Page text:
The Great Depression: Timeline, Causes & Impact

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  • 0:06 Causes of Great Depression
  • 0:45 Background
  • 1:45 Risky Financial Practices
  • 2:52 Depression
  • 4:45 Aftermath
  • 5:34 Lesson Summary
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Lesson Transcript
Instructor: Christopher Sailus

Chris has an M.A. in history and taught university and high school history.

In this lesson, we explore the Great Depression and the economic trends and practices that caused the greatest economic meltdown in the history of the world.

Causes of the Great Depression

Rarely in history does an event come along that affects the entire world. Sure, there are big wars and big movements, like WWI or the rise of Marxism, but usually you can still find relatively secluded countries that are barely affected by these events. Usually it takes something massive from nature - like a volcanic eruption that spews billions of tons of Earth-cooling particulates into the air - for an event to have a truly global impact. One of the few times man-made events have had such a profound impact on the entire western world was the Wall Street collapse of 1929 and the ensuing Great Depression of the 1930s.


Prior to the Great Depression and the Wall Street collapse, the United States experienced one of the most prosperous times in the nation's history. The 1920s - nicknamed the Roaring 20s - was a time of economic success and a relaxing of social codes throughout the country. Women experienced increased liberties, like finally achieving the right to vote (also known as suffrage) and the ability to express and enjoy themselves in the public sphere. This latter freedom was symbolized effectively by the flapper-style dress that you saw all over the place if you watched the recent adaptation of The Great Gatsby. Jazz music also became popular across the country, especially in speakeasies - underground bars forced to serve liquor illegally and privately by the era's prohibition of alcohol.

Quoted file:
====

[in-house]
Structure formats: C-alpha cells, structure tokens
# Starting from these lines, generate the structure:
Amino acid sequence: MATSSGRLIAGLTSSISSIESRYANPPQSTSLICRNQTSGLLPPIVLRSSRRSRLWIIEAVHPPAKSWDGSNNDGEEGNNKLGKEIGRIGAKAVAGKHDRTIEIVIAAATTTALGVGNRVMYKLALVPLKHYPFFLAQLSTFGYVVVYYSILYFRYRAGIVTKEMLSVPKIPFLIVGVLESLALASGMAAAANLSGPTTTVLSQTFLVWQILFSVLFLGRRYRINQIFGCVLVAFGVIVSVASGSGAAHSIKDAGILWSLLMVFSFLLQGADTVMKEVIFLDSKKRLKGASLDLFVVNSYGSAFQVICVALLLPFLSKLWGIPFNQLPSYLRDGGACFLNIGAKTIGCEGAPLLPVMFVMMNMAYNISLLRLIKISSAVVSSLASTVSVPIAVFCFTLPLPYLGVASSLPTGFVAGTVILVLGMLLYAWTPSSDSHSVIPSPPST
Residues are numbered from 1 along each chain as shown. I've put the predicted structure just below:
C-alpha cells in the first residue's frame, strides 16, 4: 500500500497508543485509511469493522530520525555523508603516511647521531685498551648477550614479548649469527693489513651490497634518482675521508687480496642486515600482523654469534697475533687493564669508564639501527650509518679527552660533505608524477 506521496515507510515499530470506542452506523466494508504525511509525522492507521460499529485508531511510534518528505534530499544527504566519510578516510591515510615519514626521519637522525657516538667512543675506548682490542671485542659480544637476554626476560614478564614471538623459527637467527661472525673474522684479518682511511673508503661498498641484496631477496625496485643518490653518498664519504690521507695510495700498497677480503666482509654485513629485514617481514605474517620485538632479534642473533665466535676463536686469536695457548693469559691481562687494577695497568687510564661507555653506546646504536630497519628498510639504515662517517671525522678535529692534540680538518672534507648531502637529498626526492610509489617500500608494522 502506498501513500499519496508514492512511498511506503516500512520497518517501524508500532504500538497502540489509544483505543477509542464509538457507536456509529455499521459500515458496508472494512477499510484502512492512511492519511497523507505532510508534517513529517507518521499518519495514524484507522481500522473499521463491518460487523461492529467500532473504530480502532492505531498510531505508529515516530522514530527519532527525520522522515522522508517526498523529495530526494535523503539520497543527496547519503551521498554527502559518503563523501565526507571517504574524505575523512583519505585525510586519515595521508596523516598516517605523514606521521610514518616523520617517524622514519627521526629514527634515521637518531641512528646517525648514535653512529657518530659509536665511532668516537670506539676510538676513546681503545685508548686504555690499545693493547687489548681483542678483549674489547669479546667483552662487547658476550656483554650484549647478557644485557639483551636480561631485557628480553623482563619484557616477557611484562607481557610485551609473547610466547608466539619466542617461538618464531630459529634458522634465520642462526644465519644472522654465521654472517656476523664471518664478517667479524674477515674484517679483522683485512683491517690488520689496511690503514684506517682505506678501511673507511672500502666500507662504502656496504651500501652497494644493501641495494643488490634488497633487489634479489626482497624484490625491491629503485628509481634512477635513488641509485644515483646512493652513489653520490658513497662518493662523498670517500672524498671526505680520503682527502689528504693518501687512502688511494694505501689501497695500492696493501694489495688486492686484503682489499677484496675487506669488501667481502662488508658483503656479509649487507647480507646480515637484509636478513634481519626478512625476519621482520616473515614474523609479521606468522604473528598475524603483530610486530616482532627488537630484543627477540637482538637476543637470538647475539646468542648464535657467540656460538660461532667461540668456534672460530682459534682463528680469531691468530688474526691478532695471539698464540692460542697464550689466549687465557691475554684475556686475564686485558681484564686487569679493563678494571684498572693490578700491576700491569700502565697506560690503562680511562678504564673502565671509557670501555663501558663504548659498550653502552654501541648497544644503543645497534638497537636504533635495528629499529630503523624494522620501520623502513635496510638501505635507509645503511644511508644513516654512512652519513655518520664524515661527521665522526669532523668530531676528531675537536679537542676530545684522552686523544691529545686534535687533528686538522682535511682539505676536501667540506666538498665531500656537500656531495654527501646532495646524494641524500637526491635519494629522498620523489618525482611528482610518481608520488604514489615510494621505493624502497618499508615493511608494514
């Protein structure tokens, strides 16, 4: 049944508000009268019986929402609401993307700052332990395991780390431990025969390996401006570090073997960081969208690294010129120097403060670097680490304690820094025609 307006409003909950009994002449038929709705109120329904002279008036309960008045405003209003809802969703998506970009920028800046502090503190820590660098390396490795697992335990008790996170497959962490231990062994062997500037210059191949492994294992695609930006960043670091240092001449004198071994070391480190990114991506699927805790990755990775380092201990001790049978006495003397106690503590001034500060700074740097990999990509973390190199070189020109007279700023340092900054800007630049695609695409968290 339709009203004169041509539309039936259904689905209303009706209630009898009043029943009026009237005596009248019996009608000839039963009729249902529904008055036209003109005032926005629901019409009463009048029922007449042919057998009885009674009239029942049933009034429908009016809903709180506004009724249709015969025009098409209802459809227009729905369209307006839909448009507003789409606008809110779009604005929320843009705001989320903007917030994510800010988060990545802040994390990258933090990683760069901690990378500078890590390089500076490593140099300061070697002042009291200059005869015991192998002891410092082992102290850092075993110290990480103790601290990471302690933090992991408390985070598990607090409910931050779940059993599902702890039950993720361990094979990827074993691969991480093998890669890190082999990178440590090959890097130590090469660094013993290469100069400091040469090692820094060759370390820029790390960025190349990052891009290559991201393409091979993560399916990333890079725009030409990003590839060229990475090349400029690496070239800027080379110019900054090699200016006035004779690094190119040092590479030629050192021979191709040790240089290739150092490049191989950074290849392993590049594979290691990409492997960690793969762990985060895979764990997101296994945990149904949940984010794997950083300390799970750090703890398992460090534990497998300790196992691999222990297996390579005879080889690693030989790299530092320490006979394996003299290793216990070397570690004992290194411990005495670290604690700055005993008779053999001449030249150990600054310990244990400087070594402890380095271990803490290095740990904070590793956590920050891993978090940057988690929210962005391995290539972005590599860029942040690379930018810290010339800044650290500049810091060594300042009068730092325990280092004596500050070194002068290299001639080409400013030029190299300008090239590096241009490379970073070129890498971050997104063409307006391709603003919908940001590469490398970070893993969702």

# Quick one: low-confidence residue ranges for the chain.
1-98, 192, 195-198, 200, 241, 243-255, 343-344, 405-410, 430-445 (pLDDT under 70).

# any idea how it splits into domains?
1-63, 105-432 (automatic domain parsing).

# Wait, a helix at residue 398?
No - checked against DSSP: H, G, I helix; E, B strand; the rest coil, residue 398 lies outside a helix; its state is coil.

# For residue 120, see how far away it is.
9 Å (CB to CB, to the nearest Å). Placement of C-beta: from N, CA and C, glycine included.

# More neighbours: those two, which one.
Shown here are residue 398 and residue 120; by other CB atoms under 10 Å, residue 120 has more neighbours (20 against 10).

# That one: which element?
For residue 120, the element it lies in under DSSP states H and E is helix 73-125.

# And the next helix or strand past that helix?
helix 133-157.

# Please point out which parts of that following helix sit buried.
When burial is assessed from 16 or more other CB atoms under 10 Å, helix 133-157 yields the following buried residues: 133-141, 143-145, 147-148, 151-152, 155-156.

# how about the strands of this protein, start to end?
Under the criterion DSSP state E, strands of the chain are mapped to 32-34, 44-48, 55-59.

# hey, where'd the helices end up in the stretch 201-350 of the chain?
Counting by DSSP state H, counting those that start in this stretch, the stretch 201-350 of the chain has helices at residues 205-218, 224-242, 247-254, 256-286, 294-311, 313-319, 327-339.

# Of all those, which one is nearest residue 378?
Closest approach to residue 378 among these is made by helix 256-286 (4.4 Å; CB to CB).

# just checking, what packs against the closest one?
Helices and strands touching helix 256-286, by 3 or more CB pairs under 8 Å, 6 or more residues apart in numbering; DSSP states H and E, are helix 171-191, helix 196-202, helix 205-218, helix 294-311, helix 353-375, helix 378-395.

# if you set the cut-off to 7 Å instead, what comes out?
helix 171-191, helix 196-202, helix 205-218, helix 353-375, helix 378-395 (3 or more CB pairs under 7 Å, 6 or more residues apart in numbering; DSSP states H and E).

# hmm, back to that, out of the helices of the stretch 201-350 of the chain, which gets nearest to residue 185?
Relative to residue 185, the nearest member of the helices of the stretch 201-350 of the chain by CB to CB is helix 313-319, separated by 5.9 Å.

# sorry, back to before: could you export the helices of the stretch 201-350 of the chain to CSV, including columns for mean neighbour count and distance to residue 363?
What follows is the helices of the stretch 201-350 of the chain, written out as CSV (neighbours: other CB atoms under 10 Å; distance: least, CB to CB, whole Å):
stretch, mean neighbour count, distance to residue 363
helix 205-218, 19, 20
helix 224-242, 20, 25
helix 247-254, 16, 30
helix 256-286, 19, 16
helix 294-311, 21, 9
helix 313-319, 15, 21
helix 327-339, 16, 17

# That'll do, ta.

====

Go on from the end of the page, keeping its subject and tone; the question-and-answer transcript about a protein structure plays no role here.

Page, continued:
Additionally, the 1920s saw the first major boom in consumer culture. New household amenities, like early refrigerators, electric lighting and automobiles, became must-have items that people were now able to take home immediately and pay for later using the expanding credit industry.

Risky Financial Practices

The heights to which 1920s society climbed worsened the impact of the economic ruin of the following decade. Moreover, much of this prosperity was built upon the shaky legs of risky financial practices, which precipitated the collapse. Indeed, many of the stores offering these new items, like automobiles and refrigerators, offered their own forms of credit at high interest to consumers. When consumers began failing to make payments, the businesses were forced to eat that loss.

In addition, banks were lending money without safeguards against financial crises. Banks were lending out huge sums of money and using customer deposits to do so. Furthermore, they were accepting those same customer deposits without any guarantee that their money would be immediately available to them in the future.

Additionally, stock market speculation played a huge role in precipitating the economic collapse. Speculation on the market by savvy financiers had artificially inflated the prices of large portions of the stock market. Moreover, much of the money being tossed around on the market was increasingly made up of the savings of the growing American middle class.


This economic house of cards came tumbling down on October 28, 1929, a day which was infamously named 'Black Monday.' Several economic indicators pointed to a possible collapse. For example, in 1926, the housing market in Florida collapsed, and land speculators in the state were ruined. In addition, banks that had loaned out too much capital were beginning to fail in 1929, and food prices were beginning to fall, ruining farmers who had produced a vast amount of food to sell at the artificially inflated prices of the 1920s.

When the opening bell rang on Wall Street on October 28, stock prices immediately began to tumble. So many stocks were sold so quickly that day that many traders were forced to work through the night to simply record all the stocks which had been traded, and by the end of the day, the Dow Jones had dropped 13%. The following day, stock prices continued to plummet, dropping another 12%. By November, the market had hit rock bottom, wiping out many middle class investors' life savings.

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